Sexagenary Cycle
In the last two posts, I listed the ten Heavenly Stems and the twelve Earthly Branches. I think that knowledge of these things is useful. And it’s just not very difficult. Of course, if you plan to take much of an interest in Chinese history, it could be essential.
Ten times twelve equals sixty
For much of Chinese history, years were listed by a combination of the Stems and Branches. This gives us sixty years in a cycle, not a hundred and twenty, as will become clear. If sixty years doesn’t seem very helpful, remember that only the Qianlong Emperor lasted a full cycle on the throne. With a little knowledge of Chinese history, you can pinpoint all kinds of dates, or at least work out how many years passed between certain dates within a limited span.
Firstly, we need to look at how the two sequences combine.
The inner wheel rolls round the inside of the outer wheel.
As there are twelve branches (outer wheel) and only ten stems (inner wheel), the cycle shifts by two places each turn, meaning that only half of the possible combinations of stems and branches are used. The oddplaced (red) stems only ever match up with the oddplaced (red) branches, even (yellow) stems and even (yellow) branches fit together.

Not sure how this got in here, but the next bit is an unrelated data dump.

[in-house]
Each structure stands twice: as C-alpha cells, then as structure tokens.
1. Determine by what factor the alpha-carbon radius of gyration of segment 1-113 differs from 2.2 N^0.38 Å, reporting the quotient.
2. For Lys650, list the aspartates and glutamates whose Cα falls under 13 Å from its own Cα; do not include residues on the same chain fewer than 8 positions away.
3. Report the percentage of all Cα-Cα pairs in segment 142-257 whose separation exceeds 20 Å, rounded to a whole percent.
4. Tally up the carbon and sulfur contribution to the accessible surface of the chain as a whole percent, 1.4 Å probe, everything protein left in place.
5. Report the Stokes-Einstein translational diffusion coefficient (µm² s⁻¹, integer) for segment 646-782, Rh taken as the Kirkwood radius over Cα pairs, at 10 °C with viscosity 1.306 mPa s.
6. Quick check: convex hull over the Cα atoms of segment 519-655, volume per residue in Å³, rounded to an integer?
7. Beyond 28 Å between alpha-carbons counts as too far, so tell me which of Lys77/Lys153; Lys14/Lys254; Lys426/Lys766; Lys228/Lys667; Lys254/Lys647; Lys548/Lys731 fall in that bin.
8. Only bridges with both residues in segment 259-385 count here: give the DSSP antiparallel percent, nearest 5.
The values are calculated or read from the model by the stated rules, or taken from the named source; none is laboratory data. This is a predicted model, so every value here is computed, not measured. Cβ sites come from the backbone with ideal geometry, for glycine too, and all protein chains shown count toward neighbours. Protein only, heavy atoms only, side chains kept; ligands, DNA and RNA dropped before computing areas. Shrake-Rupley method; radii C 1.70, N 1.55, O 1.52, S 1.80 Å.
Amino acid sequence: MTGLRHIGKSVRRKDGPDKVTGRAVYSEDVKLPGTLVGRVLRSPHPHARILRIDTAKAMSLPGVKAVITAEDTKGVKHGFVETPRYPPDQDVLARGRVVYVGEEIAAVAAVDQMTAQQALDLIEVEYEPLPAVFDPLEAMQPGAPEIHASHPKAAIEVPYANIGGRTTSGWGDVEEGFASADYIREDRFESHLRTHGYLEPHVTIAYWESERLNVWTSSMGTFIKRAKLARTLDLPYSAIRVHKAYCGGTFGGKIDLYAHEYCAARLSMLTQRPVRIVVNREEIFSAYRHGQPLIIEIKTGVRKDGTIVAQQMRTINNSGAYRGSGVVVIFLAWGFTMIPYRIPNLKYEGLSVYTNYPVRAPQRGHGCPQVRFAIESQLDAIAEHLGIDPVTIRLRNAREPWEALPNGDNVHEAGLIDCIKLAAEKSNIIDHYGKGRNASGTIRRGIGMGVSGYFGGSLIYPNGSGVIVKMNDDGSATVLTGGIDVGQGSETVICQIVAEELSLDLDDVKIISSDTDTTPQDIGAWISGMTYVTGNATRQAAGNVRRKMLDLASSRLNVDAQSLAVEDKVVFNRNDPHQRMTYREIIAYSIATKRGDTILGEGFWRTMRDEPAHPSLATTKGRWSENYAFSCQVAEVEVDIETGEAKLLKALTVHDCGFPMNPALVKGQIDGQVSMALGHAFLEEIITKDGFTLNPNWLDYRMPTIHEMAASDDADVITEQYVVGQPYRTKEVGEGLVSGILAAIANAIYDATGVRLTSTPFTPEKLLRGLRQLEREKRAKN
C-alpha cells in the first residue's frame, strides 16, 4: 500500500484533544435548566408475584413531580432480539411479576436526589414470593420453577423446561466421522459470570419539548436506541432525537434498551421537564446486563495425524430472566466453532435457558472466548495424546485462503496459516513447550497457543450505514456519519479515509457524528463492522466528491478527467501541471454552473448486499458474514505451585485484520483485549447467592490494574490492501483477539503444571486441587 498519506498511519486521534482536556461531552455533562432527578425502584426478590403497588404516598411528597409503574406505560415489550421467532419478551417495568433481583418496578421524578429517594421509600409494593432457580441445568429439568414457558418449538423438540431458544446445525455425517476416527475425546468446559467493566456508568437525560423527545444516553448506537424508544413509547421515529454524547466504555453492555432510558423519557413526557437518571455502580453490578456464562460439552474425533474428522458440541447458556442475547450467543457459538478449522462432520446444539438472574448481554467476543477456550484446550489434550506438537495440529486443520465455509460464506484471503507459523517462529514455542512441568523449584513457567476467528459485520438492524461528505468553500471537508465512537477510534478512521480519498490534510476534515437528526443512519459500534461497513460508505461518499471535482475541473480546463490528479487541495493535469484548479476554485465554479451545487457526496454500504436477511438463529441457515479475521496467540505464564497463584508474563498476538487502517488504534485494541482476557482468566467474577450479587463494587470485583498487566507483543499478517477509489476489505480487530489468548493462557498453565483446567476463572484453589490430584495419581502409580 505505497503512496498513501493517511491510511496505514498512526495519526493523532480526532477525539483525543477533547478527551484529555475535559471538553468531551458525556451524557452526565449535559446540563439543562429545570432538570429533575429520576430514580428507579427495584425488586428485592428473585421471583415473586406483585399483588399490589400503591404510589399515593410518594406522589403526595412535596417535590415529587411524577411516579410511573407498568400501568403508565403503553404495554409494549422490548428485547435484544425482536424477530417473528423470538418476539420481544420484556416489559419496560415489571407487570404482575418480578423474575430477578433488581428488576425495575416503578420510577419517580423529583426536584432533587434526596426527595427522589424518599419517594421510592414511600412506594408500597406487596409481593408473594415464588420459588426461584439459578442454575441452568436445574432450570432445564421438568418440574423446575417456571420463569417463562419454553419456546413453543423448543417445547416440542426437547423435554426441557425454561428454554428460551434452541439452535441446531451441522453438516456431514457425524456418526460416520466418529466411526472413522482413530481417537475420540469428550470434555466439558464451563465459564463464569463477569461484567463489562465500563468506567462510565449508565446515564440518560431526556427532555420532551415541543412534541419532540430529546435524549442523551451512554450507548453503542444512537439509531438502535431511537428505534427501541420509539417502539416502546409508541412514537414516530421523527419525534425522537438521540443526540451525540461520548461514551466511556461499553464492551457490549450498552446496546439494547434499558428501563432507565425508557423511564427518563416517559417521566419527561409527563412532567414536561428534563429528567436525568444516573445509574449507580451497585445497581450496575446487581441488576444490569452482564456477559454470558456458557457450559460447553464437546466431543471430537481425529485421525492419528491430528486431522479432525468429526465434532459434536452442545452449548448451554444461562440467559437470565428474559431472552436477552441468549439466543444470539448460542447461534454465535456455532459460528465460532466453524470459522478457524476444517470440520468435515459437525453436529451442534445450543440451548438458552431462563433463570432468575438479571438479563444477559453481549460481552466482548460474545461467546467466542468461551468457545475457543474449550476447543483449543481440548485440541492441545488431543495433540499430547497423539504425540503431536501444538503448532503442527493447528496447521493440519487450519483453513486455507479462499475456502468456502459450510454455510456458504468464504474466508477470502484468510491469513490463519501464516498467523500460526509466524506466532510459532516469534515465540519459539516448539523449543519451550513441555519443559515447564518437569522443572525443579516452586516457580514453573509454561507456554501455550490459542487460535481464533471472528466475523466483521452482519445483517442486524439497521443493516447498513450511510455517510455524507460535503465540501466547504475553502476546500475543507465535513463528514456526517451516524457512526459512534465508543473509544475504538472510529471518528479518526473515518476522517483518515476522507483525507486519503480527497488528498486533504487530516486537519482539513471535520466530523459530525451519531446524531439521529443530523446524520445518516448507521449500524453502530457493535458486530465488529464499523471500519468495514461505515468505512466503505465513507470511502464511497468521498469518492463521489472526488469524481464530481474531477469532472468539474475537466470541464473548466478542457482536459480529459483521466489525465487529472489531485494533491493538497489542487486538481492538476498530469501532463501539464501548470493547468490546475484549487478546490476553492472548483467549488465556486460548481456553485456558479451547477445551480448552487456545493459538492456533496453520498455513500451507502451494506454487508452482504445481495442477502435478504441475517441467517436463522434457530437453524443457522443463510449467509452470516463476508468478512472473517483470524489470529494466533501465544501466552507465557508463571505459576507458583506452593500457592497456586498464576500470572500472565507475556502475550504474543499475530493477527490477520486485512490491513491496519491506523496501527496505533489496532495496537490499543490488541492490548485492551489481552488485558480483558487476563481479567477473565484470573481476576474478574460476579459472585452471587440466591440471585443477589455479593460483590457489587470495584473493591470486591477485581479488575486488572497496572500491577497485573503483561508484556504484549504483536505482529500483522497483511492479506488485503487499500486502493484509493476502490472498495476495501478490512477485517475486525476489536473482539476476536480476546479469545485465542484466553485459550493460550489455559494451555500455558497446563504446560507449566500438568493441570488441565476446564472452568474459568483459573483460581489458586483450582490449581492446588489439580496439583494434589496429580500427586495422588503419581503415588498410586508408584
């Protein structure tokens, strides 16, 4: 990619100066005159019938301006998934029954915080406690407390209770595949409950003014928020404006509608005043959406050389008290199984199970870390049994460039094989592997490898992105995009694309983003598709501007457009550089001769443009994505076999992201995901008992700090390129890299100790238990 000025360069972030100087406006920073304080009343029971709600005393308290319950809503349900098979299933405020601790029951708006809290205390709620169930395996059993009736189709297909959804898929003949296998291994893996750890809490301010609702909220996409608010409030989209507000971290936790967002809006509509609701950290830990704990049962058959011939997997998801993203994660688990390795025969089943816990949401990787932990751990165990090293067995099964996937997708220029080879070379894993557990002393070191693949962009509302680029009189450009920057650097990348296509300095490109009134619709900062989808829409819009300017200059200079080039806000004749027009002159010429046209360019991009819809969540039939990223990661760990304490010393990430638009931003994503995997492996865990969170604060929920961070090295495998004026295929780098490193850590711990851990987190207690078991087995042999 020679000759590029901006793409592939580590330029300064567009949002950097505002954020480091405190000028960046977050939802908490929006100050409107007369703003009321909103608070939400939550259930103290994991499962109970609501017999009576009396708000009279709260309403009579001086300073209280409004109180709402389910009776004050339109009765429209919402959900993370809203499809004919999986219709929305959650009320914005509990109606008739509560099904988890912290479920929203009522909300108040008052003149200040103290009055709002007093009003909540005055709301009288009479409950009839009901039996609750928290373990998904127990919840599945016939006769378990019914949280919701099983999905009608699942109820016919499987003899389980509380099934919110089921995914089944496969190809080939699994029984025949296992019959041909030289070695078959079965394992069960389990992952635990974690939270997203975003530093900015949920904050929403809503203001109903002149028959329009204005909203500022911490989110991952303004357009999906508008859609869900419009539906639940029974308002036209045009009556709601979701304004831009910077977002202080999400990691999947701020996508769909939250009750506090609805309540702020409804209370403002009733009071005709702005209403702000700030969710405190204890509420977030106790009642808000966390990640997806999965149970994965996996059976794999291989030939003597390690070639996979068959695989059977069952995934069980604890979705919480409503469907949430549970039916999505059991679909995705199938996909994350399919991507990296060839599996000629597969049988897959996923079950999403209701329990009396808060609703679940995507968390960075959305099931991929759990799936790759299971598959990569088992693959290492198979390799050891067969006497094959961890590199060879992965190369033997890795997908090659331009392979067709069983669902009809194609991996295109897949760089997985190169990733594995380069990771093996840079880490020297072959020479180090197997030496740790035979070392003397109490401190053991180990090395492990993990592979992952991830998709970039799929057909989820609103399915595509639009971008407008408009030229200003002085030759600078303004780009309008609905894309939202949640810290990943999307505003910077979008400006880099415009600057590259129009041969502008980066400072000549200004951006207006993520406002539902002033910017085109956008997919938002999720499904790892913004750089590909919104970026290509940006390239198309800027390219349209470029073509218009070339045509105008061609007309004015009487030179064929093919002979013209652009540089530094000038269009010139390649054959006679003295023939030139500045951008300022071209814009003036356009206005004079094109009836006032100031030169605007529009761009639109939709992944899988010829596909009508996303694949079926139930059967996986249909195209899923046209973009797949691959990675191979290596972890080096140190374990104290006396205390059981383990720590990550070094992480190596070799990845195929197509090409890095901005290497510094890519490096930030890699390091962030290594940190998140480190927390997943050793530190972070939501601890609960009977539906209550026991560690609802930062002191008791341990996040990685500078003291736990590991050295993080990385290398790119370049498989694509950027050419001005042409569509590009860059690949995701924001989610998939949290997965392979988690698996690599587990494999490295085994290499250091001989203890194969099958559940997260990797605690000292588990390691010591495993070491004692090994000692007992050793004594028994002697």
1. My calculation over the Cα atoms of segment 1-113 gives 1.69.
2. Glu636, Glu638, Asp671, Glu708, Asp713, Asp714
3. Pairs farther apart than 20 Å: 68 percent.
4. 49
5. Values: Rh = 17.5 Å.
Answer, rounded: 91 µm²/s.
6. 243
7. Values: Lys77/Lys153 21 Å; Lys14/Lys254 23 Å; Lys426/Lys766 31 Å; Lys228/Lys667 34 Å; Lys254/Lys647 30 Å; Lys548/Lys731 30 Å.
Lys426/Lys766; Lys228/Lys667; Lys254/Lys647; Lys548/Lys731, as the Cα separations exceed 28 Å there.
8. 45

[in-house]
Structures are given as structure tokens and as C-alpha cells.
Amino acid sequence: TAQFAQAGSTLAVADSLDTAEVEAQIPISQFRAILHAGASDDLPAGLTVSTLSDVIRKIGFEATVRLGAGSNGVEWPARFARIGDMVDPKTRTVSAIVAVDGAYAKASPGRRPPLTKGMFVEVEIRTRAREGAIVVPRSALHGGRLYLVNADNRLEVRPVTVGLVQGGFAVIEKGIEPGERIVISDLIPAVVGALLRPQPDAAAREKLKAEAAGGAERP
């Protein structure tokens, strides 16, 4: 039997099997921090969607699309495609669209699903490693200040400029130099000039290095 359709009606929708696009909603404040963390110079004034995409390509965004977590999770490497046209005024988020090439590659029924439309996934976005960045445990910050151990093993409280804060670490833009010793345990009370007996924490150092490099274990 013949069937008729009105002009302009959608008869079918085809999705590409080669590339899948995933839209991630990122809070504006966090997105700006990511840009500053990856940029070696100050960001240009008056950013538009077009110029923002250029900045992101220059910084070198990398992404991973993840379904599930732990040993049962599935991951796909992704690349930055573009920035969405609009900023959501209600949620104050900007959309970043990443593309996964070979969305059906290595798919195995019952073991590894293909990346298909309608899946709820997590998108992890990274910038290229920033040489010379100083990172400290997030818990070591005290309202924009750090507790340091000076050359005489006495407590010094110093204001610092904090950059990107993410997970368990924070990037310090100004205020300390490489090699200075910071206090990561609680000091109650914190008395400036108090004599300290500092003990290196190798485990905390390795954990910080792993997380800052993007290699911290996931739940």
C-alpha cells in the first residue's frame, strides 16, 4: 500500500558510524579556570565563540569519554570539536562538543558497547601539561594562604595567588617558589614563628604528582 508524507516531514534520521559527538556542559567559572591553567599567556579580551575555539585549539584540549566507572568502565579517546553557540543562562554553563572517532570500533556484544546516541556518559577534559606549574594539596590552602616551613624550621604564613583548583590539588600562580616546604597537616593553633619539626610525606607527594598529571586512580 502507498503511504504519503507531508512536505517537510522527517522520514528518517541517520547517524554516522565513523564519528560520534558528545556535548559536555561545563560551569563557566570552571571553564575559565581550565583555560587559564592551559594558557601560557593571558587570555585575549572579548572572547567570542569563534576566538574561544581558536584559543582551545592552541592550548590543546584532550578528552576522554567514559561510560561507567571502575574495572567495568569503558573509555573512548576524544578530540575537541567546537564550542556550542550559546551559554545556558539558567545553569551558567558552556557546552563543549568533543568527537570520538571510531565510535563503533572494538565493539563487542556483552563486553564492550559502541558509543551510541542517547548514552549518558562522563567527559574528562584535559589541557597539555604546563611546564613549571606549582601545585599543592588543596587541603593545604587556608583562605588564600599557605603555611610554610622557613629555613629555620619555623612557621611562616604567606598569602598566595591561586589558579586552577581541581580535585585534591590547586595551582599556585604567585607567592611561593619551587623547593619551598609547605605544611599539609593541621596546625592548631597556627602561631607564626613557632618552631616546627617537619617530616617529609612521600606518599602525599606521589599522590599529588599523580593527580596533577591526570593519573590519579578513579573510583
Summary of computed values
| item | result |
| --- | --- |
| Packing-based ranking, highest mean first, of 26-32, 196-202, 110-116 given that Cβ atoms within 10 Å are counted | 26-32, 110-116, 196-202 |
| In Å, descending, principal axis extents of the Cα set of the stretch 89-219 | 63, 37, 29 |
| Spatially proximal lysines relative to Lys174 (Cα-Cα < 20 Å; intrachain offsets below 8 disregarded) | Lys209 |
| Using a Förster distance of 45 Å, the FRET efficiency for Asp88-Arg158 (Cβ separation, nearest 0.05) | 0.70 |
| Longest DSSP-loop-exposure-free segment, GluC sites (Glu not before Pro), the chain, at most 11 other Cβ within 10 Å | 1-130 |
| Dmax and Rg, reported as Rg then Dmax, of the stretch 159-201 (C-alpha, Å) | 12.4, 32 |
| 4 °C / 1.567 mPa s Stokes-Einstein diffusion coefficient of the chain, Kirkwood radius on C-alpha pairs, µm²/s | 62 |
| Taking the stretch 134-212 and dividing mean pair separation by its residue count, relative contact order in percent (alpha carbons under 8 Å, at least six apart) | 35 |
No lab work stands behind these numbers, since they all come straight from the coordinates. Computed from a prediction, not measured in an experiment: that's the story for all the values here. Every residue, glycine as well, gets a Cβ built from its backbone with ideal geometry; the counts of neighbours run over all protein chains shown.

The Heavenly Stem comes first, and the Earthly Branch comes second.
So the first year in the sequence is 甲子 jiǎǐ Then come 乙丑 yǐchǒu, 丙寅 bǐngyín, through to the tenth year, 癸酉 guǐyǒu. Now the first character (the stem) returns to the beginning of the sequence: 甲戌 jiǎxū is the eleventh year of the cycle. After all twelve branches have been used, they too return to the start of the sequence giving 丙子 bǐngzǐ, the thirteenth year.
Five cycles round the twelve branches gives us sixty years. Then you start again.
Putting it into practice
Let’s look at an example of some dates usually referred to using the Sexagenary Cycle. The First SinoJapanese War is called 甲午战争 Jiǎwǔ Zhànzhēng. You know this took place sometime toward the end of the Qing Dynasty, but may be a little hazy about exactly when. The Xinhai Revolution 辛亥革命 Xīnhài Gémìng brought a close to the Qing. Somewhere during this period there was also the Hundred Days Reform, or 戊戌变法 Wùxū Biànfǎ. Actually, it’s not too hard to work out how these dates relate to each other.